John Wesley said there were four sources of truth for Christians. They were Scripture, tradition, reason and experience. But he was clear that Scripture trumped all the other three. Tradition, then, for Methodists, has to be about the ways we hand on scriptural truth. If it faithfully conveys the biblical gospel, though, then tradition has done its job.

The problem comes when tradition gets ideas above its station. There was a story that illustrated this in the new issue of Christianity Magazine:

A church I know is dying from hypocrisy. And although I’m watching it from a distance, it’s still painful. The congregation is small, though very faithful, and the minister is a natural evangelist. But whenever someone is converted through an Alpha course or pub ministry they don’t stay in the church for long. The members soon show them that they are inadequate for their new faith: they know nothing about the depth and traditions of Christianity; the fumble their way round the Bible and prayer book; they don’t have the gravitas or decorum for respectful worship; and those who have children can’t control them properly. The old faithful, who are becoming fewer in number, can’t understand why the new believers don’t make more effort to be like them and to support the church like they do. They can’t see that they are suffering from that peculiar form of hypocrisy identified by Jesus – doing all the ‘right’ things for all the wrong reasons. And this results in repelling people from God.[1]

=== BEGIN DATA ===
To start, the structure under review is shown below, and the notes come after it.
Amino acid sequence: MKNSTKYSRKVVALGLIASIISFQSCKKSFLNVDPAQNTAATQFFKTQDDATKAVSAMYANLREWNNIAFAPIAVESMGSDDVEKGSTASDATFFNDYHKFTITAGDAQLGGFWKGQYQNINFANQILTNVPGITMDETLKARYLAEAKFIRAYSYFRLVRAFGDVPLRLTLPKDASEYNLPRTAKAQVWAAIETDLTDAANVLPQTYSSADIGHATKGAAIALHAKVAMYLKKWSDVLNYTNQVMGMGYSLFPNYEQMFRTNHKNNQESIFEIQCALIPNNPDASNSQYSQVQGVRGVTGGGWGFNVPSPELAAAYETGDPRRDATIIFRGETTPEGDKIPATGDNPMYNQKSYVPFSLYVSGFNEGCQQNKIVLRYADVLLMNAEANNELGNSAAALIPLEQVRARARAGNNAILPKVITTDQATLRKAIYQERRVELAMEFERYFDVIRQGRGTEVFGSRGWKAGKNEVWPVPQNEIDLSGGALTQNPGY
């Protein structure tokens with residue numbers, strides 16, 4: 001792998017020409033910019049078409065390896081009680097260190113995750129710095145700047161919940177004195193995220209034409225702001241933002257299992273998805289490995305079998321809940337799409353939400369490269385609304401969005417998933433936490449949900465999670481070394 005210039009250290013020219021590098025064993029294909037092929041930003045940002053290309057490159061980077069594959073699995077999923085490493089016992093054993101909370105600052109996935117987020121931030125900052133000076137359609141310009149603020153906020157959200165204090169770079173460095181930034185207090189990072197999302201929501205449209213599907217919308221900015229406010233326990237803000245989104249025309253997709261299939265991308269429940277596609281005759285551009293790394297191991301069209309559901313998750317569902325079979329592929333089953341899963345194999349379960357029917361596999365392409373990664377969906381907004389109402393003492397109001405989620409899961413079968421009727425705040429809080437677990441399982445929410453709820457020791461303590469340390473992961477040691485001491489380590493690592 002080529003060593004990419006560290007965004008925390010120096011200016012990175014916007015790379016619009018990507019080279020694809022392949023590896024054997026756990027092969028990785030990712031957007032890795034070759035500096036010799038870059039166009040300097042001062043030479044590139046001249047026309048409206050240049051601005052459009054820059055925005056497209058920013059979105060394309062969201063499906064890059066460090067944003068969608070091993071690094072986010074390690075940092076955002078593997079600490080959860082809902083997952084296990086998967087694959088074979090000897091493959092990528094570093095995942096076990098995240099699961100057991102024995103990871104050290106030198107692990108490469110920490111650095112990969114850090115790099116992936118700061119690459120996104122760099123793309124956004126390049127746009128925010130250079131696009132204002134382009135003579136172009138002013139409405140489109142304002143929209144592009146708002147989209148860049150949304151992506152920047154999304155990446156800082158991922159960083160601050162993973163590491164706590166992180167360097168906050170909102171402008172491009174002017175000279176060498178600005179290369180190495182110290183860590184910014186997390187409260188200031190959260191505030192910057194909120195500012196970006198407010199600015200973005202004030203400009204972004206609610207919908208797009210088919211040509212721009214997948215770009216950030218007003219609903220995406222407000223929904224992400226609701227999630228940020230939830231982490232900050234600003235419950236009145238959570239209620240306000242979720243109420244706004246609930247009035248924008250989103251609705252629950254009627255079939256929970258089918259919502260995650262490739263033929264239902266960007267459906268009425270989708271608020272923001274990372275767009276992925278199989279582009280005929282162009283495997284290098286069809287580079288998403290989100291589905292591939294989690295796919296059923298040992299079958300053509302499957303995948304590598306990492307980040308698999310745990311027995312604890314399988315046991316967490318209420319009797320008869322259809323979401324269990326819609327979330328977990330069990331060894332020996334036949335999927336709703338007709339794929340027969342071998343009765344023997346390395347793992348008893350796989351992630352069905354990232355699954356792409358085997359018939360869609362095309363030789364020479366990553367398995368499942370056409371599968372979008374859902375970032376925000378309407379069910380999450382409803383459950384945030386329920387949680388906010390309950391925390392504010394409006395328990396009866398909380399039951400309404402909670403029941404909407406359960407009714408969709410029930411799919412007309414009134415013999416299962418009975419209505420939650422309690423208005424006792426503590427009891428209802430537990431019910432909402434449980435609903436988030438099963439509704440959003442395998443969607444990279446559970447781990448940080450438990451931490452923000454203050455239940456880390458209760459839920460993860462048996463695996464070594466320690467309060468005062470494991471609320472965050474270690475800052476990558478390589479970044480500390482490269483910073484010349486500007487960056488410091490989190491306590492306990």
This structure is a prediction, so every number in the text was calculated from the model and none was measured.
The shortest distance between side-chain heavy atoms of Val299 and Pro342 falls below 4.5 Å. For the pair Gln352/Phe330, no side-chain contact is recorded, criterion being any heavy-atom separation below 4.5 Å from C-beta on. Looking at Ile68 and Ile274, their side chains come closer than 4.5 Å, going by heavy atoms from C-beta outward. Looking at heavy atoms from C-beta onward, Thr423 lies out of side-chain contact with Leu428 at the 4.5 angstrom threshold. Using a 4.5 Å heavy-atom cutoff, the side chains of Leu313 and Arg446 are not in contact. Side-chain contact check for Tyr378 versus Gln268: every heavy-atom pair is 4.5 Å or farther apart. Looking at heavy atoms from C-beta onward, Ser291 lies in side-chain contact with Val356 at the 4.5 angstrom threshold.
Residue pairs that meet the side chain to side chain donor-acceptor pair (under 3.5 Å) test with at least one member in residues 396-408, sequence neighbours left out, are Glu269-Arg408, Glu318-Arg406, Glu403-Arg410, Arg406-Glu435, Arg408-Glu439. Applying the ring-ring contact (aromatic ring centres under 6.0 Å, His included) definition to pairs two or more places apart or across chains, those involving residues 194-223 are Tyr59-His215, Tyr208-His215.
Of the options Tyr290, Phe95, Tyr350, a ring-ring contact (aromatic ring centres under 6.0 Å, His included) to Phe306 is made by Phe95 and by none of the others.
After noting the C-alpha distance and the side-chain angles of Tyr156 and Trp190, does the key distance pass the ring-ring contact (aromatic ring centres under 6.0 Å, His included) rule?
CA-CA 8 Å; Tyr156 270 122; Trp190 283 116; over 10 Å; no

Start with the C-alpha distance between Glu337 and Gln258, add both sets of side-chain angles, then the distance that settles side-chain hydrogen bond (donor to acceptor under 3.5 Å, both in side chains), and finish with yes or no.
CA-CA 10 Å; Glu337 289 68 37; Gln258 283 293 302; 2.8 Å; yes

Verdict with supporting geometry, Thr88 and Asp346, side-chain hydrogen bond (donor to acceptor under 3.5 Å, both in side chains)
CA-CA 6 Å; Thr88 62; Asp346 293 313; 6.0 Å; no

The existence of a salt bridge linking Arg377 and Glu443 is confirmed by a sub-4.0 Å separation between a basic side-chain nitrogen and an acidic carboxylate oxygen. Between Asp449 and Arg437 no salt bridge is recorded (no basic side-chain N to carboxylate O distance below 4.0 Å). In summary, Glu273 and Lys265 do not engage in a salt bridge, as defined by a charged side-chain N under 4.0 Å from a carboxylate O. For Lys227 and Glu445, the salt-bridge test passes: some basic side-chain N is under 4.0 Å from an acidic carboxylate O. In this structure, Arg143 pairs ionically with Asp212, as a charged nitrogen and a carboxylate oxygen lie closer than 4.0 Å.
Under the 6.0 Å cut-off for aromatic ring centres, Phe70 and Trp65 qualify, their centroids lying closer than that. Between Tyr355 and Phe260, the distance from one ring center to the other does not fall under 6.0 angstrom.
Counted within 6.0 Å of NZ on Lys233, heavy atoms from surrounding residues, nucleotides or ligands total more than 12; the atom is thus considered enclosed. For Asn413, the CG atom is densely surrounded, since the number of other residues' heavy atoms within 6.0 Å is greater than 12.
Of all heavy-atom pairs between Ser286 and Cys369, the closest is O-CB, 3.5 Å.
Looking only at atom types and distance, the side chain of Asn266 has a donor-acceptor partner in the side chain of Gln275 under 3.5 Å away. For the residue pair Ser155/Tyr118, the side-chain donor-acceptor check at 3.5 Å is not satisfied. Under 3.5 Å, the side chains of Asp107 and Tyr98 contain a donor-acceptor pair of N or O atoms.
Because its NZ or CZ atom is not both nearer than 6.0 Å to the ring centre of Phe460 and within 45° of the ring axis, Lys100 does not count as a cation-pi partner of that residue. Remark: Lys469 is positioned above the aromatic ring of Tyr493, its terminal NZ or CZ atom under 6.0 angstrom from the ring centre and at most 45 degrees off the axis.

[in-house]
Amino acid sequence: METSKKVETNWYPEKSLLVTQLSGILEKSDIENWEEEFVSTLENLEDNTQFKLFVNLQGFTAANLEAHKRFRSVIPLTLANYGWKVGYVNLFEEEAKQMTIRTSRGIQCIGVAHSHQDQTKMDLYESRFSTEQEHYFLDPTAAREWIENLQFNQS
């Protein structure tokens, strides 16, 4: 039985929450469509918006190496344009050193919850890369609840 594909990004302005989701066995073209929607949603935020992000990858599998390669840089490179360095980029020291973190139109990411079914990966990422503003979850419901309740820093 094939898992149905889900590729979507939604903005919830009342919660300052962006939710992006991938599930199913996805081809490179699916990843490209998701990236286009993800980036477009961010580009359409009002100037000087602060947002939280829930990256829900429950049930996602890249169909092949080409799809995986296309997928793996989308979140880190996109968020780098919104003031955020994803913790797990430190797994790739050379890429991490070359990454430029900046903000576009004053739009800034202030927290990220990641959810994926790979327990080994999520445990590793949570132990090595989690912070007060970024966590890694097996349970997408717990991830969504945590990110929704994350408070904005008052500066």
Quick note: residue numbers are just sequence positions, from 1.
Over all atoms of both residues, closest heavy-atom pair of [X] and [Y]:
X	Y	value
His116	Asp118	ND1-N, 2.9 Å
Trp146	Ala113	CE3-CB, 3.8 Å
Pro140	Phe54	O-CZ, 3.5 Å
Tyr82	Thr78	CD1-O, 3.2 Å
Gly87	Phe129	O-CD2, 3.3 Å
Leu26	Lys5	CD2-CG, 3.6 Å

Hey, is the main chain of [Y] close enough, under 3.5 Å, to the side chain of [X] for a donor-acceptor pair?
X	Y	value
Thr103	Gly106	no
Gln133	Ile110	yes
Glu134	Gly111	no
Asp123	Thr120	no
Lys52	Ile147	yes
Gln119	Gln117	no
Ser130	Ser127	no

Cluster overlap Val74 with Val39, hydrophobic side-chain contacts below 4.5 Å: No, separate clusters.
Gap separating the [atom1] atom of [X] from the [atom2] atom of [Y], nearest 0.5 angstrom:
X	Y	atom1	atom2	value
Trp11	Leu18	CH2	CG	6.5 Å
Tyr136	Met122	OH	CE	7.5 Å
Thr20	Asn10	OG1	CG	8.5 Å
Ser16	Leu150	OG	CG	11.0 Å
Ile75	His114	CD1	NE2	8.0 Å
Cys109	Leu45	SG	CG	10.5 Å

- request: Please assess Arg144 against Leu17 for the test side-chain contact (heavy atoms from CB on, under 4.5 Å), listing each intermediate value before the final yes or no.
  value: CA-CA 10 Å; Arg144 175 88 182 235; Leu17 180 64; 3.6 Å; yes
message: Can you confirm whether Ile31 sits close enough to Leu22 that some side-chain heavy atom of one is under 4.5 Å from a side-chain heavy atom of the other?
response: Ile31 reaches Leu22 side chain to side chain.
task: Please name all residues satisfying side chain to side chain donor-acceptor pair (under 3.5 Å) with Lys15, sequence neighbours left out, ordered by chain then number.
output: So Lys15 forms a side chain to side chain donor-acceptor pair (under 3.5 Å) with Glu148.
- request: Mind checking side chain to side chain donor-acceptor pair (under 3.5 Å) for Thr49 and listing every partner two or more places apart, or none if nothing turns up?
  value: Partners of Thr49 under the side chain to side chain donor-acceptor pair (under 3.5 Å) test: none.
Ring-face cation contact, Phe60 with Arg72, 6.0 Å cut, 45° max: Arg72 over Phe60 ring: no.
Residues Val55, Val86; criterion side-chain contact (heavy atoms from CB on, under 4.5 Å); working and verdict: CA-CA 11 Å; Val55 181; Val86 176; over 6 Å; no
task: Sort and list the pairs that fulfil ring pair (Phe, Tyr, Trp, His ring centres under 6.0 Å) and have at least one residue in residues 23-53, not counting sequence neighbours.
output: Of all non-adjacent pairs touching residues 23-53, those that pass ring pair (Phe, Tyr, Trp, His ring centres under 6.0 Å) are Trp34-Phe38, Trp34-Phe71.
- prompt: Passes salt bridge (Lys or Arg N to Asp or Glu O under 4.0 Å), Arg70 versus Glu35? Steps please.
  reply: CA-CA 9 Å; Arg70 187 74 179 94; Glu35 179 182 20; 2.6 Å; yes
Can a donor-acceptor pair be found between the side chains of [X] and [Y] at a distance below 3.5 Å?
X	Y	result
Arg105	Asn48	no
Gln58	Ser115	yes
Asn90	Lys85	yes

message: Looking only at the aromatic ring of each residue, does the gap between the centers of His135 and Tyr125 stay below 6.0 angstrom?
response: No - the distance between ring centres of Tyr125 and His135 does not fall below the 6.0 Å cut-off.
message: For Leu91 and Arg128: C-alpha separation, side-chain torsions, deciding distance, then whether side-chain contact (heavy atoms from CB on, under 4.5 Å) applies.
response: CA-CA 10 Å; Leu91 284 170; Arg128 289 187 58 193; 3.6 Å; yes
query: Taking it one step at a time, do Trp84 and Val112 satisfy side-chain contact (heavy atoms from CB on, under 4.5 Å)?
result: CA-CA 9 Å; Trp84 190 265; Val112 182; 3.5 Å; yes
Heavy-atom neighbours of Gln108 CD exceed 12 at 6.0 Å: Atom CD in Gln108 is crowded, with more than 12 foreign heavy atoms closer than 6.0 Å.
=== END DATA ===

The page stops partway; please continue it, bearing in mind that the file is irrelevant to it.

What are we to do, then, if we are to stop tradition being used to damage people, as Jesus clearly thought was happening in his day, and was obviously happening in the church I have just mentioned?

I think there are two measures we must take. I have hinted at the first, but to underline it, let’s return to the Bible passage. Hear the words of Jesus again:

He said to them, ‘Isaiah prophesied rightly about you hypocrites, as it is written,
“This people honours me with their lips,
   but their hearts are far from me;
in vain do they worship me,
   teaching human precepts as doctrines.”
You abandon the commandment of God and hold to human tradition.’
 Then he said to them, ‘You have a fine way of rejecting the commandment of God in order to keep your tradition!’ (Verses 6-9)

Jesus quoted the Scriptures and accused his opponents of abandoning Scripture (‘the commandment of God’) in favour of human tradition. So our first remedy must be to place tradition under Scripture, not outside or above the Bible.

If we’re going to place tradition under Scripture, then we need to do two things. The first is that we need to soak ourselves in the Bible. The second is that we then need to subject our traditions to biblical teaching, and ask whether they do indeed carry the Gospel into our world, or whether they contradict it.

That’s why I’ve spent much of the last four years urging people into spiritual discipline, including Bible reading. It may be using daily Bible reading notes as I do. It may be using our imagination to enter the situation and the characters as Ignatius of Loyola taught. It may involve persistent chewing on whatever grabs us in a particular passage. But whatever approaches we take, the bottom line is that if we are serious about following Jesus, we will be serious about immersing ourselves in the Bible.